|The first excerpt represents the past or something you must release, and is drawn from The Circular Staircase by Mary Roberts Rinehart:
several things; about the request that we give up the lease to
Sunnyside, about the telegram to Louise, about the rumors of an
approaching marriage between the girl and Doctor Walker, and,
last of all, my own interview with her the day before.
He sat back in a big chair, with his face in the shadow, and my
heart fairly ached for him. He was so big and so boyish! When I
had finished he drew a long breath.
"Whatever Louise does," he said, "nothing will convince me, Aunt
Ray, that she doesn't care for me. And up to two months ago,
when she and her mother went west, I was the happiest fellow on
earth. Then something made a difference: she wrote me that her
The Circular Staircase
|The second excerpt represents the present or the deciding factor of the moment, and is drawn from La Grande Breteche by Honore de Balzac:
But tell me, Rosalie, why did you become an inn-servant on leaving
Madame de Merret? Did she not leave you some little annuity?'
" 'Oh yes, sir. But my place here is the best in all the town of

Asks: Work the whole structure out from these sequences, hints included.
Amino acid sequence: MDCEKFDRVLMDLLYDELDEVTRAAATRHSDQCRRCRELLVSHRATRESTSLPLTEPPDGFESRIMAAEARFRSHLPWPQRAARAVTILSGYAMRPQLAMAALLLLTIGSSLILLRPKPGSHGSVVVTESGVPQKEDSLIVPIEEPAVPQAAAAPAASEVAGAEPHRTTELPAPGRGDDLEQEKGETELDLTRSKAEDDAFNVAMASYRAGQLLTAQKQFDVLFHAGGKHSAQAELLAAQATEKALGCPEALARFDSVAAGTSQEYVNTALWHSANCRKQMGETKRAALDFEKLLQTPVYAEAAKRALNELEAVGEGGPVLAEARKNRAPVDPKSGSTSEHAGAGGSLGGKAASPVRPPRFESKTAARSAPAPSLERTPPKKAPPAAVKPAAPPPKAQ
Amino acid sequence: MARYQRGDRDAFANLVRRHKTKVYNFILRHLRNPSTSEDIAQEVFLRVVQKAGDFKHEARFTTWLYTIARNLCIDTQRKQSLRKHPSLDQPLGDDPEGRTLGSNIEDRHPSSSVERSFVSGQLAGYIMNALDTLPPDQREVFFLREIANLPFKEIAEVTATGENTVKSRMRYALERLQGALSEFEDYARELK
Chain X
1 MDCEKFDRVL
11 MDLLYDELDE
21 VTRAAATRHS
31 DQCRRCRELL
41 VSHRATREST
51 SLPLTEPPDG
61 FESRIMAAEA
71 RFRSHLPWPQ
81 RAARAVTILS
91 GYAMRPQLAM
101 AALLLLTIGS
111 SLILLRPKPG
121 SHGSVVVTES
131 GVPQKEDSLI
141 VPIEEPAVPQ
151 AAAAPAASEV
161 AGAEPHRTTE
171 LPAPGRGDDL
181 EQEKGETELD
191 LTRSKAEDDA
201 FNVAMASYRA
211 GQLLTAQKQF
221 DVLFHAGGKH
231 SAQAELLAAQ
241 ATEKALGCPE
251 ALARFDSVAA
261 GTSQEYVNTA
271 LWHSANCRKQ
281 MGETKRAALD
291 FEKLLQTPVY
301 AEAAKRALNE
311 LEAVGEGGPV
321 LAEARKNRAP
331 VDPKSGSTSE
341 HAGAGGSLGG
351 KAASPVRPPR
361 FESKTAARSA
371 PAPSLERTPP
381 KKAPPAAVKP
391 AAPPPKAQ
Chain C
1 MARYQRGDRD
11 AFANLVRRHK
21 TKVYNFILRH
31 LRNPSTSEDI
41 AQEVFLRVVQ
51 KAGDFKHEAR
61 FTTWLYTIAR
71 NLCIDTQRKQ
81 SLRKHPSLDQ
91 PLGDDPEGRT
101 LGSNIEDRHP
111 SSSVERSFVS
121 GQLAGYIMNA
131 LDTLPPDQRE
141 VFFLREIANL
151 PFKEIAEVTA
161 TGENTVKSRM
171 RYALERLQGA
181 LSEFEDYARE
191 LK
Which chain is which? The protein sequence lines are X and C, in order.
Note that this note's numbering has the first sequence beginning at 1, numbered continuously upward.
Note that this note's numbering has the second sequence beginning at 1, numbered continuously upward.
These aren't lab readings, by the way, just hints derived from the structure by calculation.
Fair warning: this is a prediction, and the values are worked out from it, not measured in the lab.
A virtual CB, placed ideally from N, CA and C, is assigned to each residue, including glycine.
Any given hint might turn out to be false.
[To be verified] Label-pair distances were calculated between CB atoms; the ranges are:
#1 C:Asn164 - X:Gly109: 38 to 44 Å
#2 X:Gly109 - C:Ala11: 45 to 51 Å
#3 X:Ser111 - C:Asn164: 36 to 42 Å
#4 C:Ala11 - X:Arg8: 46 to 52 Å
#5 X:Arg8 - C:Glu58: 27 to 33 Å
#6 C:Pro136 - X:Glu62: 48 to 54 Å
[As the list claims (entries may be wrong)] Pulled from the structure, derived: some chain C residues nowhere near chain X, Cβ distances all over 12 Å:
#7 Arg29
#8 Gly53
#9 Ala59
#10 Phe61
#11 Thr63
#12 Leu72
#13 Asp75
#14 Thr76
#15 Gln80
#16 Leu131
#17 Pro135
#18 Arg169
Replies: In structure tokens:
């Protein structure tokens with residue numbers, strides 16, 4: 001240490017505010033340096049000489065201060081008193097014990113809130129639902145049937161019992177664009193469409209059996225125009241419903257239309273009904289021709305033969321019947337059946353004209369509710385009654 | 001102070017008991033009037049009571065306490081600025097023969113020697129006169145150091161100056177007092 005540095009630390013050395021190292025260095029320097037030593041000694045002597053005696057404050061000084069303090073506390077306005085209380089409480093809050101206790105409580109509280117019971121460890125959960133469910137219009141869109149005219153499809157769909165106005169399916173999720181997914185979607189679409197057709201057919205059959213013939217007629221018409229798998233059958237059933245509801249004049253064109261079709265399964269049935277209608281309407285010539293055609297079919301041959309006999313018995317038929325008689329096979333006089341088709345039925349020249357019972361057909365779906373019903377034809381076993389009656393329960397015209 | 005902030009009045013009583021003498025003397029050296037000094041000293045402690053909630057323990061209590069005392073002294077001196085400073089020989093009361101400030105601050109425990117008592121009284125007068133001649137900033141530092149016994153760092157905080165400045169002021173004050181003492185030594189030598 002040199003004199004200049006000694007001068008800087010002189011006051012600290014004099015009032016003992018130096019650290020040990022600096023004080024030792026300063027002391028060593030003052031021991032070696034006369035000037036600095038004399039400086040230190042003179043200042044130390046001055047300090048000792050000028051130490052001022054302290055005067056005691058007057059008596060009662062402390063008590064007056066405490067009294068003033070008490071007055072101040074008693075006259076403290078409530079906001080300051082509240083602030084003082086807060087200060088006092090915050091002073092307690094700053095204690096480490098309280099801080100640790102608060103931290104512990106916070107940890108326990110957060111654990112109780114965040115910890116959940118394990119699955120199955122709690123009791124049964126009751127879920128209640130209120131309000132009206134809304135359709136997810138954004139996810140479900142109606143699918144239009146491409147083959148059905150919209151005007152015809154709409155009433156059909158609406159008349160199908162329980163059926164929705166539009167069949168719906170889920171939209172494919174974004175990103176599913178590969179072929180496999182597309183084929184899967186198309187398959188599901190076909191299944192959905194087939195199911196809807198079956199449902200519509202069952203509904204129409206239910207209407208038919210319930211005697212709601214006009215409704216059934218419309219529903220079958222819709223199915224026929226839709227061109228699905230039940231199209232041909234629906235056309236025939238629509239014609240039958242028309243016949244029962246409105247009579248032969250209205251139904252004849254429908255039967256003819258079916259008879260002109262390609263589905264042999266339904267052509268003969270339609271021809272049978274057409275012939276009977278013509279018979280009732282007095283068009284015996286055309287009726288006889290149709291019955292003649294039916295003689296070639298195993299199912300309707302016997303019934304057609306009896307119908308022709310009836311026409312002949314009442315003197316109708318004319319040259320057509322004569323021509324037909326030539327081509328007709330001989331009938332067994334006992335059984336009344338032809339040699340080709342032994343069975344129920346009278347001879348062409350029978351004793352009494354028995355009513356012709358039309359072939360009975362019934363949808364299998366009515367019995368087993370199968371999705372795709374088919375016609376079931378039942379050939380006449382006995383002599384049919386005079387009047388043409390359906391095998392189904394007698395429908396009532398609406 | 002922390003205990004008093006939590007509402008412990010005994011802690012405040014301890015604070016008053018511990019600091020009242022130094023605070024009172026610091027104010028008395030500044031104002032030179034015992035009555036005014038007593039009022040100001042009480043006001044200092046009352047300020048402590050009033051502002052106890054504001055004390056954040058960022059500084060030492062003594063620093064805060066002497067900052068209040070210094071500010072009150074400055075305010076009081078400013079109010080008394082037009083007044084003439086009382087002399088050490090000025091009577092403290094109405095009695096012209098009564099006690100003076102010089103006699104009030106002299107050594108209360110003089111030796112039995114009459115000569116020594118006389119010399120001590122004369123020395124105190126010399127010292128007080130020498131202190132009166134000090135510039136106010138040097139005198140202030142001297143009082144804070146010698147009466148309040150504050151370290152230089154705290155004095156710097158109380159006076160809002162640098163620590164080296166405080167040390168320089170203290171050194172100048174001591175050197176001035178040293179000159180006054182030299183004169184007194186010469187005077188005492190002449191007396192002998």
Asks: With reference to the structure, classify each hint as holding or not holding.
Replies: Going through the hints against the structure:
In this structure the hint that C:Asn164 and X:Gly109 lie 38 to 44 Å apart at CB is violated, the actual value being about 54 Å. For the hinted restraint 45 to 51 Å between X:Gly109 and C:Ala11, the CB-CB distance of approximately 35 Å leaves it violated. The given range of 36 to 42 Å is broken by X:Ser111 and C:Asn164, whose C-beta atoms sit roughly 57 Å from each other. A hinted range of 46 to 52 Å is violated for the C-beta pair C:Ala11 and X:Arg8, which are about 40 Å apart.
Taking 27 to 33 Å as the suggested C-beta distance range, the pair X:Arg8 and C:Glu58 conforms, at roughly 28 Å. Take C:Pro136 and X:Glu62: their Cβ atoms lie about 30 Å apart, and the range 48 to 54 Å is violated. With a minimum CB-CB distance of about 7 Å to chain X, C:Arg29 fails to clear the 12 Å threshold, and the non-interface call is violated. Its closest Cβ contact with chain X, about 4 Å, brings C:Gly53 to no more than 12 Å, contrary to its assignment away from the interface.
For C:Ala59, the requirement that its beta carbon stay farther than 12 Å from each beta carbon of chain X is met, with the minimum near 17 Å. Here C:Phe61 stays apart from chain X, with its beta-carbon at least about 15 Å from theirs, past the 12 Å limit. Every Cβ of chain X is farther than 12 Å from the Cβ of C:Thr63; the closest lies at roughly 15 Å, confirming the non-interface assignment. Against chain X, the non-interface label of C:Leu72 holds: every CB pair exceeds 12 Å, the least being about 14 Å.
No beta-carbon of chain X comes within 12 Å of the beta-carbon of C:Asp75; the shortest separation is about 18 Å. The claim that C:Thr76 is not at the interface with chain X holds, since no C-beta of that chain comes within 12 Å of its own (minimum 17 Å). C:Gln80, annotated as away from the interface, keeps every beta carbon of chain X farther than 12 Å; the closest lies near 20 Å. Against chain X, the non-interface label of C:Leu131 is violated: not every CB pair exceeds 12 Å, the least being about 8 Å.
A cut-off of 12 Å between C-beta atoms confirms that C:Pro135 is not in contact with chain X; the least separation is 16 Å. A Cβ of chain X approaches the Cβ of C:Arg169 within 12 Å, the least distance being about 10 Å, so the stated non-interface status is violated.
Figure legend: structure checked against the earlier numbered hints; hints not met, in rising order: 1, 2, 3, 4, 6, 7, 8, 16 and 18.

"This reply was such an one as judges and attorneys call evasive.
Rosalie, as it seemed to me, held in this romantic affair the place of
the middle square of the chess-board: she was at the very centre of
the interest and of the truth; she appeared to me to be tied into the
knot of it. It was not a case for ordinary love-making; this girl
contained the last chapter of a romance, and from that moment all my
attentions were devoted to Rosalie. By dint of studying the girl, I
La Grande Breteche
|The third excerpt represents the future or something you must embrace, and is drawn from Wuthering Heights by Emily Bronte:
passing through the hall with it in my hand, when a sharp knock at
the front door made me jump. 'Oh! it is Green,' I said,
recollecting myself - 'only Green,' and I went on, intending to
send somebody else to open it; but the knock was repeated: not
loud, and still importunately. I put the jug on the banister and
hastened to admit him myself. The harvest moon shone clear
outside. It was not the attorney. My own sweet little mistress
sprang on my neck sobbing, 'Ellen, Ellen! Is papa alive?'
'Yes,' I cried: 'yes, my angel, he is, God be thanked, you are
safe with us again!'
She wanted to run, breathless as she was, up-stairs to Mr. Linton's